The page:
B2B businesses lag behind B2C businesses in terms of how they use digital tools and information to develop a strategy. They frequently distinguish between overall strategy and digital strategy. Only 10% of B2B businesses rank digital as a top three investment priority, around half the average for B2C businesses.
As a result, digital initiatives are often dispersed across organizations rather than being implemented clearly and fluidly. Surprisingly, less than 24% of CEOs grasp how technology is disrupting their companies. Furthermore, just 6% of B2B organizations have a mobile strategy, compared to 30% of B2C enterprises.
Organization beyond traditional organizational frameworks
The majority of B2B companies have made no real initiatives to organize their organizations around digital technologies and data. The average DQ score for organizational maturity was 27 (compared to 35 for B2C companies), placing it in the range of laggard companies across our global sample and indicating a struggle to advance digital initiatives.
Only one in every four businesses said that their leadership communicates their digital strategy effectively, and the majority reported misunderstanding around digital responsibilities and ownership of digital activities. One explanation for the fuzziness is that we discovered attempts to create measures for the efficacy of digital activities were significantly lower than those of B2C organizations.
Deficit skill set capabilities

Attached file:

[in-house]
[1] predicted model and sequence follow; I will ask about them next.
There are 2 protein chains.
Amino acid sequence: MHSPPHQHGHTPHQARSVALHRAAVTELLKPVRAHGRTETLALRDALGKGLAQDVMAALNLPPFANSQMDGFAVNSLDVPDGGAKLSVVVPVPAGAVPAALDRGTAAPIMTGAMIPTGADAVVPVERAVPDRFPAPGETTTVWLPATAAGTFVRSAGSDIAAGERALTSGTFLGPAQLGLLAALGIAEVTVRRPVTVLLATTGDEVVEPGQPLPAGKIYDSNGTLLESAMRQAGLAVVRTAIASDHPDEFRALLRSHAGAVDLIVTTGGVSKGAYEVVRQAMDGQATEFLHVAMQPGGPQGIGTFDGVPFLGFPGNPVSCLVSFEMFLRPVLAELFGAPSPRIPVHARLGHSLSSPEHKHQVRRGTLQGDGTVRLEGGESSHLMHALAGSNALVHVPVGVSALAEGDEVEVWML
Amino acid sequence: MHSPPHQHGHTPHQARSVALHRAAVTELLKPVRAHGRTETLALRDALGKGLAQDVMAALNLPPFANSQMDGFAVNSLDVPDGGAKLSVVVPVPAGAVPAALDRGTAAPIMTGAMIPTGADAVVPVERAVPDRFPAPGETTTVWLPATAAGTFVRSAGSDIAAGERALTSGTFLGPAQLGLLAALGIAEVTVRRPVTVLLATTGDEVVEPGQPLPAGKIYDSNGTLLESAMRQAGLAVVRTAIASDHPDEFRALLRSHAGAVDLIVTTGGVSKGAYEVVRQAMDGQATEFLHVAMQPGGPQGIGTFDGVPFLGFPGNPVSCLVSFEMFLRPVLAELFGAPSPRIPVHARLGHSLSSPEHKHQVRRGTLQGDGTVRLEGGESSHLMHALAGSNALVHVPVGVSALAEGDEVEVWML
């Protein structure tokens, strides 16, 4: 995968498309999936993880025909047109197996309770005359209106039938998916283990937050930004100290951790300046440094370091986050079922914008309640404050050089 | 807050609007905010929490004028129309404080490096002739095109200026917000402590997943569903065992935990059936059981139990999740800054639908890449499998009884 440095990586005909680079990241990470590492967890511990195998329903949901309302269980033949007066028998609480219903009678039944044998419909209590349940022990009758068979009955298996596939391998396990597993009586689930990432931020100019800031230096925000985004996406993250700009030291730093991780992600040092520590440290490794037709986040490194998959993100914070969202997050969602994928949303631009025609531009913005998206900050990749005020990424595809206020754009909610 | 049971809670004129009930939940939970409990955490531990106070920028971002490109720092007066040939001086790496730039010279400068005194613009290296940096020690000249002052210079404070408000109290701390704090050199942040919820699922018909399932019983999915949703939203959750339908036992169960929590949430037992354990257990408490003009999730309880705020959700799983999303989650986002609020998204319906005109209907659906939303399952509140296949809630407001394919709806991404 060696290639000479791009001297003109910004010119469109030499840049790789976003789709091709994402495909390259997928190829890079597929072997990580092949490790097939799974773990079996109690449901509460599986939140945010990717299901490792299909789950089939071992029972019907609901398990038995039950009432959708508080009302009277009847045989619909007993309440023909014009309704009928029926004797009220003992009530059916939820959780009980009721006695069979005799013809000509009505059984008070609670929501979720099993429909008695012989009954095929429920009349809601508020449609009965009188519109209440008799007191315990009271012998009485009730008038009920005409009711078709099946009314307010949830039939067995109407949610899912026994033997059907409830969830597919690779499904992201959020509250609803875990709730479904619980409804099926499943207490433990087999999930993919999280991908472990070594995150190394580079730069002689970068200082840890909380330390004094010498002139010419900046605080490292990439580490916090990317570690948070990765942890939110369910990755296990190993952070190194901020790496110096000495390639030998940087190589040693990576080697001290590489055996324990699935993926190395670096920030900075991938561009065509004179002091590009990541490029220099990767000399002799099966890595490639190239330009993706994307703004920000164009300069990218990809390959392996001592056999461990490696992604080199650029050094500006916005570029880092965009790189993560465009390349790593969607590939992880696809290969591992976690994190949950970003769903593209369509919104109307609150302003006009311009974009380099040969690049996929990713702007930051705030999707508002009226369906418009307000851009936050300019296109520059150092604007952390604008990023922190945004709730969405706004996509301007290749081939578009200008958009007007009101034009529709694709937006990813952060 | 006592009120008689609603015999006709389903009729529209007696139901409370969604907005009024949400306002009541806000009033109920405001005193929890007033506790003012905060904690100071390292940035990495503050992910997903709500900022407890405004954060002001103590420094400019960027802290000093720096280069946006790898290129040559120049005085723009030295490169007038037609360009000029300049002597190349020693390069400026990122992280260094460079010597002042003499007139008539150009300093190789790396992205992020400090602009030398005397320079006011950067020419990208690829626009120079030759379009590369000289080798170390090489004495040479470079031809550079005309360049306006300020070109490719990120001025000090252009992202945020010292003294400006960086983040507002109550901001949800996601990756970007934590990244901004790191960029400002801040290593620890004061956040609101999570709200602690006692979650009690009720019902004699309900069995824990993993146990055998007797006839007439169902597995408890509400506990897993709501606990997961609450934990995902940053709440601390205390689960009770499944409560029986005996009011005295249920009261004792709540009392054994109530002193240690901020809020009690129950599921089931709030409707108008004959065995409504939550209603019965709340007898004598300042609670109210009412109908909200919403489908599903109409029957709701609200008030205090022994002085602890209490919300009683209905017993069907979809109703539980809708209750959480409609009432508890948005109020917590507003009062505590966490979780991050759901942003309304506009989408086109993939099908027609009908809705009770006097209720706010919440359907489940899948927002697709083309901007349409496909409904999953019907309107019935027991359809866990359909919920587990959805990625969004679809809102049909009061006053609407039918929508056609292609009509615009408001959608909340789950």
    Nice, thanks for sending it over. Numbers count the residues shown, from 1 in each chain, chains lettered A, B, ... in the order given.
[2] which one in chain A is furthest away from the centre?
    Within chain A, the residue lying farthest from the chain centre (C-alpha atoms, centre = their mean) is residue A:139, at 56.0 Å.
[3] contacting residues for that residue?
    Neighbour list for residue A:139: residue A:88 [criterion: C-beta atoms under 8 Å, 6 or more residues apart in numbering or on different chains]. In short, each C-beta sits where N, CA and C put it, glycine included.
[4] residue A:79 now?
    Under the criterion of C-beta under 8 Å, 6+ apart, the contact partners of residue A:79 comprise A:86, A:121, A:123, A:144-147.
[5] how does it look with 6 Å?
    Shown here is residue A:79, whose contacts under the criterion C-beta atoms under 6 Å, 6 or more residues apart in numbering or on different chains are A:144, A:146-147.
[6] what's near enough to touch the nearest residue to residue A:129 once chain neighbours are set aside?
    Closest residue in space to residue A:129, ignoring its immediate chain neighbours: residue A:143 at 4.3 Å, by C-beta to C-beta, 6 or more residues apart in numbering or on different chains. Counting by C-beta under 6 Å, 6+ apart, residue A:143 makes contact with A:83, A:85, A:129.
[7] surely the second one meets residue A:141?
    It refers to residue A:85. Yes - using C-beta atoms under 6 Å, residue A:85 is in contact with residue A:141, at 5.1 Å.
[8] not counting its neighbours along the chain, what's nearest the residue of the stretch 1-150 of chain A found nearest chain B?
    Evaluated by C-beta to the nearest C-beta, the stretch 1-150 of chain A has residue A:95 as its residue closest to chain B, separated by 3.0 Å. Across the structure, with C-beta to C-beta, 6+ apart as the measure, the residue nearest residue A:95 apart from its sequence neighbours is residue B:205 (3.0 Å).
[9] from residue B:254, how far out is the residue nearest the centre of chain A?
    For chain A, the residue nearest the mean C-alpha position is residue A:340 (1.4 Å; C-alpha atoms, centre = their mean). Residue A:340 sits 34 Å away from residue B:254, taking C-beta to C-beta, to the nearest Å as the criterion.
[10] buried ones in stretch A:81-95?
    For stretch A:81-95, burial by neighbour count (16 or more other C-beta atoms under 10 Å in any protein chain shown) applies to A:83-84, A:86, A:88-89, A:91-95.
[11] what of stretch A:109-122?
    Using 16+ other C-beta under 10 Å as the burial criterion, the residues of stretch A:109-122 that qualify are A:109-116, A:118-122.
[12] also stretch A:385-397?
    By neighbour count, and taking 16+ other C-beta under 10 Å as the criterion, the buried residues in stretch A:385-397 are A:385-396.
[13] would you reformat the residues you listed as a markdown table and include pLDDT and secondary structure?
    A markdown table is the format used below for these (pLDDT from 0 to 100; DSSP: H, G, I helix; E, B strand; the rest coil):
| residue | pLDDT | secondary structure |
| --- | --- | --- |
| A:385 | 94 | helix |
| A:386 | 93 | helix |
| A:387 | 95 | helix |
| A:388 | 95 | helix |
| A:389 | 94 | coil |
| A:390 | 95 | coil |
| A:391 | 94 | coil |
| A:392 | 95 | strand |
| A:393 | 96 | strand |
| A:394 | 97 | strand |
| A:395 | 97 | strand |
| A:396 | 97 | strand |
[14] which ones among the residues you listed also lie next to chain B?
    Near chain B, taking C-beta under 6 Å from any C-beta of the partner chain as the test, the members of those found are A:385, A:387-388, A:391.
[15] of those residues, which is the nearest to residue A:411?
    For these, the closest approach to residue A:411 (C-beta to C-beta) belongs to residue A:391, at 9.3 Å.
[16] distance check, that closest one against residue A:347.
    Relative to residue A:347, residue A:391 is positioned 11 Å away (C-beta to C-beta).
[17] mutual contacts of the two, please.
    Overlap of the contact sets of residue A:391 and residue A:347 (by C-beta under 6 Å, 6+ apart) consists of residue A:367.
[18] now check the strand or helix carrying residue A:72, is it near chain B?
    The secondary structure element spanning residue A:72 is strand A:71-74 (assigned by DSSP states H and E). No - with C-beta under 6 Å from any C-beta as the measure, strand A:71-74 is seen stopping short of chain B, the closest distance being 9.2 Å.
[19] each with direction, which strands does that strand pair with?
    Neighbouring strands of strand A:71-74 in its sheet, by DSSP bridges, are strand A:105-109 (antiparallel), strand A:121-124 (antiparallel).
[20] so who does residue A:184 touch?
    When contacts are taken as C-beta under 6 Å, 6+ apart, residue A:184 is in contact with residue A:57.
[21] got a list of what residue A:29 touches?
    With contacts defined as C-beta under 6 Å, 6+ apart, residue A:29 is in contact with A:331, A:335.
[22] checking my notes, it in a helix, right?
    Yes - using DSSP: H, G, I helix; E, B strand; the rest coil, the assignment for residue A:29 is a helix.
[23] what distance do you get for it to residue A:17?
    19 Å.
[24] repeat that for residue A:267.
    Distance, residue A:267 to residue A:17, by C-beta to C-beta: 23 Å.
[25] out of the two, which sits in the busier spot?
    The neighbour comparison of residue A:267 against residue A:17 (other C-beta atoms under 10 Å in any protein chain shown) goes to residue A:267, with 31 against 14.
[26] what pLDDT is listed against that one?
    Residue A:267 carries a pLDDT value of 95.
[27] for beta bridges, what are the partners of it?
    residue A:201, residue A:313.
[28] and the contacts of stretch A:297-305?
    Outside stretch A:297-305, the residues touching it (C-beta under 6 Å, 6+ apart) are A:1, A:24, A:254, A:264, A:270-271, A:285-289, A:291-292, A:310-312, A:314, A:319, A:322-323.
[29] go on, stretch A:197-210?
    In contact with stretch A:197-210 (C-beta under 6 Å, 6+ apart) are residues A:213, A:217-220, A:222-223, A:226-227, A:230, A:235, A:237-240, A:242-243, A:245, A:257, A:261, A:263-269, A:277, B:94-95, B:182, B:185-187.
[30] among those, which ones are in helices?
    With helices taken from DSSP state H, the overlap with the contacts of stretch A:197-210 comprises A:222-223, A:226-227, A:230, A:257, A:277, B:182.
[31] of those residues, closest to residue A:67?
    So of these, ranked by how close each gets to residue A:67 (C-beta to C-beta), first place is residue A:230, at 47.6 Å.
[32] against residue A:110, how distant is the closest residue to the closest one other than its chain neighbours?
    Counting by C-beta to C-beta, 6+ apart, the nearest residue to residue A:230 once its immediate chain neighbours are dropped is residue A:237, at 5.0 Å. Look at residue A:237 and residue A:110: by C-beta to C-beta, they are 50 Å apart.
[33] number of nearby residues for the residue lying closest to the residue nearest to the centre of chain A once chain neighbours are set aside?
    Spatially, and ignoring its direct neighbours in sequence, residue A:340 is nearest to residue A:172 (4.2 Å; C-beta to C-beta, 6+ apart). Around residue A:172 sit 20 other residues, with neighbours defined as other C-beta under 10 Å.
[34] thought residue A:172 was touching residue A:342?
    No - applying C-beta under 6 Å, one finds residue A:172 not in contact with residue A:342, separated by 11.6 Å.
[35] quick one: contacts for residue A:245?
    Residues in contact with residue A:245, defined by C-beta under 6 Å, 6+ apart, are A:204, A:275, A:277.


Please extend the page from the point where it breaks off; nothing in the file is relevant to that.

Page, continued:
With a lack of strategic focus and organizational discipline, it’s unsurprising that B2B businesses lag behind their consumer-facing counterparts in terms of digital skills. They are not as effective at reaching out to clients via social media or digital content development.
Additionally, they lag in terms of data and advanced analytics. This is demonstrated by their failure to provide great customer experiences across channels. This problem is exacerbated when clients express a preference for electronic interactions. The data-analytics divide also manifests itself in B2B firms’ capacity to automate decision-making.
B2C businesses were able to automate, and hence improve, customer interactions throughout the purchase experience, as well as automate marketing decisions. B2B organizations have mostly automated internal procedures rather than customer-facing ones.
Foundation of B2B businesses in their work culture
B2B firms, on an average, fall behind their B2C counterparts across cultural DQ dimensions in important areas like trust and internal and external agility. In other words, entrenched cultural obstacles should not obstruct B2B digitalization. However, there is a significant divide between leaders and laggards, as well as several prominent pain concerns.
15% of businesses use test-and-learn techniques for new digital business initiatives and that 1/3rd of B2B organizations take more than a year to deploy a new digital concept. Fewer B2C businesses demand that level of delivery time!
Many B2B companies have not yet had to contend with these changes outright, but they need to study and learn from their B2C counterparts. Disruption is upon our industry and ignorance is not an excuse for inaction.